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CFP: Venice, Materiality, and the Byzantine World, Sponsored by the Italian Art Society, 53rd International Congress on Medieval Studies, May 10-13, 2018, Western Michigan University

imgp4428CFP: Venice, Materiality, and the Byzantine World, Sponsored by the Italian
Art Society, 53rd International Congress on Medieval Studies, May 10-13,
2018, Western Michigan University
Deadline: 15 September 2017
The Dumbarton Oaks Byzantine Symposium leading to the 2010 publication of San
Marco, Byzantium, and the Myths of Venice introduced new perspectives on
Byzantine and Venetian visual and material culture that extended Otto Demus’s
survey of Saint Mark’s basilica. The authors’ application of more recent approaches—
such as the social function of spolia, the act of display, the construction of identity,
and cultural hybridity—brought fresh analyses to a complex and richly decorated
monument. This panel seeks to expand this methodological discourse by taking into
account questions related to materials, materiality, and intermediality between
Venice and Byzantium. The arrival of material culture from the Byzantine world to
Venice as gifts, spoils, or ephemera during the centuries surrounding the Fourth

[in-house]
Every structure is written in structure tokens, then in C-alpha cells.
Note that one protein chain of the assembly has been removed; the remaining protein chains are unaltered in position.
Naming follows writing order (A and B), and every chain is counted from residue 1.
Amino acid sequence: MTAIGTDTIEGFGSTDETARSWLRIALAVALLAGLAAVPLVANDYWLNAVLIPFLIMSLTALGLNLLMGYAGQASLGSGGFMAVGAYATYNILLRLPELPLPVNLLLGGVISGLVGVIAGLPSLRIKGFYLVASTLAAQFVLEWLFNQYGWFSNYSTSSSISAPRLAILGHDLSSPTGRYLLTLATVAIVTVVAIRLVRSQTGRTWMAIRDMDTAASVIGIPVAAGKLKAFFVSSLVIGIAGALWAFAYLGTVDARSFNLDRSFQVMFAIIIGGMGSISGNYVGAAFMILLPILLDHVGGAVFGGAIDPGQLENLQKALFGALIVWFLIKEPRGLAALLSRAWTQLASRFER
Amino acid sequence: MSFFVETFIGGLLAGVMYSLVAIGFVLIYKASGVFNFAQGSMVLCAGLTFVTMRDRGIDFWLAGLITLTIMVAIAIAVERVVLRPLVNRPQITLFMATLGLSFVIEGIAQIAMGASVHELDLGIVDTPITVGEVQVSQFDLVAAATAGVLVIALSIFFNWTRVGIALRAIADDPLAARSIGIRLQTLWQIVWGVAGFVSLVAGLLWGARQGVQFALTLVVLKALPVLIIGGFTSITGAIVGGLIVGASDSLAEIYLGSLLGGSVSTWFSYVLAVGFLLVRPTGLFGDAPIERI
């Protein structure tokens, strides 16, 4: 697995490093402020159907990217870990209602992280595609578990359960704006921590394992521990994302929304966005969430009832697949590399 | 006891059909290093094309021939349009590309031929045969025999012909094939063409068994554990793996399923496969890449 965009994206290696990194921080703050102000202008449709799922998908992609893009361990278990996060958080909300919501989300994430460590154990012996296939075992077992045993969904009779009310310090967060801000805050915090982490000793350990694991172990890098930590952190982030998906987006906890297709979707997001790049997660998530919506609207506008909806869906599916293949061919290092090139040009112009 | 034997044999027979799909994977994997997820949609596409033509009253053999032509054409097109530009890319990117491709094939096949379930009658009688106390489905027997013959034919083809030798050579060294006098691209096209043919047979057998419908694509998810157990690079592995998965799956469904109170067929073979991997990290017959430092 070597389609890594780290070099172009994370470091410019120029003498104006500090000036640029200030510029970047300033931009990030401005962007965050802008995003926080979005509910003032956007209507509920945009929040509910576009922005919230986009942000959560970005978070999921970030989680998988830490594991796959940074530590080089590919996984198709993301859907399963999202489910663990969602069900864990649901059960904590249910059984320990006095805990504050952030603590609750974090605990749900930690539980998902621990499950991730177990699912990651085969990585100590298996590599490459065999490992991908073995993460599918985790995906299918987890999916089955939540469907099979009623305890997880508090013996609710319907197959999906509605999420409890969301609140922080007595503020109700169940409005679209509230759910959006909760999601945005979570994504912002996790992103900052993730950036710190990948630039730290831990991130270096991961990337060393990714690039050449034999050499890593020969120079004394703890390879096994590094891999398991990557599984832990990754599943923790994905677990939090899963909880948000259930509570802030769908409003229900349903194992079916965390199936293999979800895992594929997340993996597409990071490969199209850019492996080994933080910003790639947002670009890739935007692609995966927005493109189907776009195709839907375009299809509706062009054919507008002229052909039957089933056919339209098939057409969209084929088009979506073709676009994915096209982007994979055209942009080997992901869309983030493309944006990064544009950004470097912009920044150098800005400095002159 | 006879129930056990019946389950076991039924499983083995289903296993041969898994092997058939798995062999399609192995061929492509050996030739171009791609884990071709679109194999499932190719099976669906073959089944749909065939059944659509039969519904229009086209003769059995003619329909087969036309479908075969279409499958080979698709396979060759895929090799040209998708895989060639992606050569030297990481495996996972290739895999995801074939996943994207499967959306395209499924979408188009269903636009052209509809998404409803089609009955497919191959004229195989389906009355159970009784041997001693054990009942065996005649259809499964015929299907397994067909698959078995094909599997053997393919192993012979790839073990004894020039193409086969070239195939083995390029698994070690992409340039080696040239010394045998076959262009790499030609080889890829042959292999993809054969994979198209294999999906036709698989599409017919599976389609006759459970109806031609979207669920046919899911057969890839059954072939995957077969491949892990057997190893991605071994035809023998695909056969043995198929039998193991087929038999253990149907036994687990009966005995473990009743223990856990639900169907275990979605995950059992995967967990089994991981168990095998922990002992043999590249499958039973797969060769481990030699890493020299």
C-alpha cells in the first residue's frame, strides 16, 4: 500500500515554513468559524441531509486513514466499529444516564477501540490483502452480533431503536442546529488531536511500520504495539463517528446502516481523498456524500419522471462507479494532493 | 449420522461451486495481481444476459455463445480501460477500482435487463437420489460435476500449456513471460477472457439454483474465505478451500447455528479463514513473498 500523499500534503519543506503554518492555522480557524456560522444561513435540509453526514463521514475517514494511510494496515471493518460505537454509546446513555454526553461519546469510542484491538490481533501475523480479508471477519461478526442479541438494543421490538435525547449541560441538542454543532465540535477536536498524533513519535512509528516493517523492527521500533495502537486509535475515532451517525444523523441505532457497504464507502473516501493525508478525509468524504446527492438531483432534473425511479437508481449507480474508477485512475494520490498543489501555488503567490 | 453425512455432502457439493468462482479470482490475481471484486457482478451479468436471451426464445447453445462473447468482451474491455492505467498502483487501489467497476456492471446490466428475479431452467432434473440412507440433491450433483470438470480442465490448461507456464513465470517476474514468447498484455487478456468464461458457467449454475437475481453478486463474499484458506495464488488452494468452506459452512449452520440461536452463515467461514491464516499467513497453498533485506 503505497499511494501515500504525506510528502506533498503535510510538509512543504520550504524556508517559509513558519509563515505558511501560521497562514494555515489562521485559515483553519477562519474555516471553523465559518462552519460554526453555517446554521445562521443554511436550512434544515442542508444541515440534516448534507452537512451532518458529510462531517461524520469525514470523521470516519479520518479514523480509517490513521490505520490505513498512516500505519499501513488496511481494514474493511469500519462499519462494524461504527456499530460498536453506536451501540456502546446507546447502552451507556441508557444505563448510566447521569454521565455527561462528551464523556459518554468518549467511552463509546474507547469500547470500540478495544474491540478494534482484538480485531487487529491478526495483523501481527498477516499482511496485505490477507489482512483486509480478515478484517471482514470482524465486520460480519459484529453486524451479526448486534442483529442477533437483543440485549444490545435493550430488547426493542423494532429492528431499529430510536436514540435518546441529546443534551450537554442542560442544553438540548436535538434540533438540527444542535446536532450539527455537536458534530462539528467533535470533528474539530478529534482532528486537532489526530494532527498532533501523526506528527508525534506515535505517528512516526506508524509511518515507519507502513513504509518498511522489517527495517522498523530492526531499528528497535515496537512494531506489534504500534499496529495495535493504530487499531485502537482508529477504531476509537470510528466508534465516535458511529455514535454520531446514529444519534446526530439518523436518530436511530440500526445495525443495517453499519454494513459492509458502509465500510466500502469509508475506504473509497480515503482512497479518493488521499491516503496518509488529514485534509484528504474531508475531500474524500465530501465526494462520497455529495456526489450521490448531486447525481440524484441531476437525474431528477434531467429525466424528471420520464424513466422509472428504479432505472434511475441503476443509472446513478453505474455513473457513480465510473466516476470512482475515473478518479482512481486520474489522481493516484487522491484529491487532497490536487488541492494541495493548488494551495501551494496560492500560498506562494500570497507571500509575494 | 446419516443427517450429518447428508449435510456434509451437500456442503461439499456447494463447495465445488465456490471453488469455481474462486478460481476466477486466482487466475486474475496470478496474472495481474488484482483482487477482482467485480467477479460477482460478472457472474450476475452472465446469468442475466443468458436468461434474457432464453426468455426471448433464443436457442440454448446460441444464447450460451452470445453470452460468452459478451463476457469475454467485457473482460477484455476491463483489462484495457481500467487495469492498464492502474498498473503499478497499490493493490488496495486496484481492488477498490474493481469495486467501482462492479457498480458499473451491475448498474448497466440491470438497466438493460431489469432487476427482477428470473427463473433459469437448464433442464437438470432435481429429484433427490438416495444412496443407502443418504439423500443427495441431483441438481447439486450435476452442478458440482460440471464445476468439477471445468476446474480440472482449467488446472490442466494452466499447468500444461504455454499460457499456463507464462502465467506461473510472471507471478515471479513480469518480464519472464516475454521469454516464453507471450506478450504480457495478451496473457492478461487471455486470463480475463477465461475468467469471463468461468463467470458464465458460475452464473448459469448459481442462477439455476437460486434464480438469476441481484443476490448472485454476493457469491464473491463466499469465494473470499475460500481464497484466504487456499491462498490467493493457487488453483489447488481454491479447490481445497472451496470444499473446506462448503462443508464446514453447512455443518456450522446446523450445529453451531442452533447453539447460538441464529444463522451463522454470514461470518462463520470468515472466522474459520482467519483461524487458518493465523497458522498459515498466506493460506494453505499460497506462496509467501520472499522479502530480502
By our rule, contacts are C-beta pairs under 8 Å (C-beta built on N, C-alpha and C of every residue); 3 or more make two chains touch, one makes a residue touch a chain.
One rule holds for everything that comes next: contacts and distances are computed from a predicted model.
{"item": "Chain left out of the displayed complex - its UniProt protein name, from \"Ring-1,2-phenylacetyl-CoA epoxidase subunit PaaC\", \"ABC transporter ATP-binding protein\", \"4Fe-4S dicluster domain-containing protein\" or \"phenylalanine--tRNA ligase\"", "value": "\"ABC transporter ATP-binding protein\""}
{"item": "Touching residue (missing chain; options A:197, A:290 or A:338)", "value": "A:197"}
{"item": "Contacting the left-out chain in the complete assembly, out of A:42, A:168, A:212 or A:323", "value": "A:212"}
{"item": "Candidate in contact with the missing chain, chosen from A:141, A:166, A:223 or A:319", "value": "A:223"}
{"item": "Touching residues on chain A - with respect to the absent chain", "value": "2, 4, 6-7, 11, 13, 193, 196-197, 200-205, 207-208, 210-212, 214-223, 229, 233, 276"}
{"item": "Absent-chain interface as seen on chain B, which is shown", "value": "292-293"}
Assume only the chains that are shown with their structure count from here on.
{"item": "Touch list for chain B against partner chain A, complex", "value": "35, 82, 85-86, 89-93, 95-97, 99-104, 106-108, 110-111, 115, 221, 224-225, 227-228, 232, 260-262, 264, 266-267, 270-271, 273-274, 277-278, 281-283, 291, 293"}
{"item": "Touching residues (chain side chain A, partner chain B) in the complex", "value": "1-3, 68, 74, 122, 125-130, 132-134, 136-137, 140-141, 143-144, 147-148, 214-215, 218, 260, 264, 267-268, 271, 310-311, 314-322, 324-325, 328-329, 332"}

Crusade allowed for both appropriation and conceptual transformation of material
culture. In light of the renewal in interest of Venice’s Byzantine heritage, this panel
seeks to reflect on the interaction of material culture between la Serenissima and the
Byzantine world, especially during the eleventh through fifteenth centuries. Topics
may be wide-ranging, including, but not limited to: issues of reception and cultural
translation; changing concepts of preciousness; different valuation of materials
between Venice and Byzantium; the fluctuating simulation of material visual effects;
the transformation of Byzantine objects incorporated into Venetian frames;
intermedial dialogue between Byzantine and Venetian art; and the process and
technique of manufacture of works between Byzantium and Venice. Some points of
departure may include: the building of San Marco itself; Byzantine objects in the
Treasury; Byzantine manuscripts included as part of the Cardinal Bessarion gift to
the Republic; the monuments on Torcello; or issues raised as a result of recent
conservation projects. New cross-cultural methodologies from art historical,
anthropological, or sociological fields are welcome.
Please submit a 300-word abstract and a completed Participant Information Form
session organizers: Brad Hostetler, Kenyon College, hostetler1@kenyon.edu Joseph
Kopta, Pratt Institute, jkopta@pratt.edu
In addition to the travel awards available to all Congress participants (http://www.wmich.edu/medievalcongress/awards), the
Italian Art Society offers competitive travel grants:
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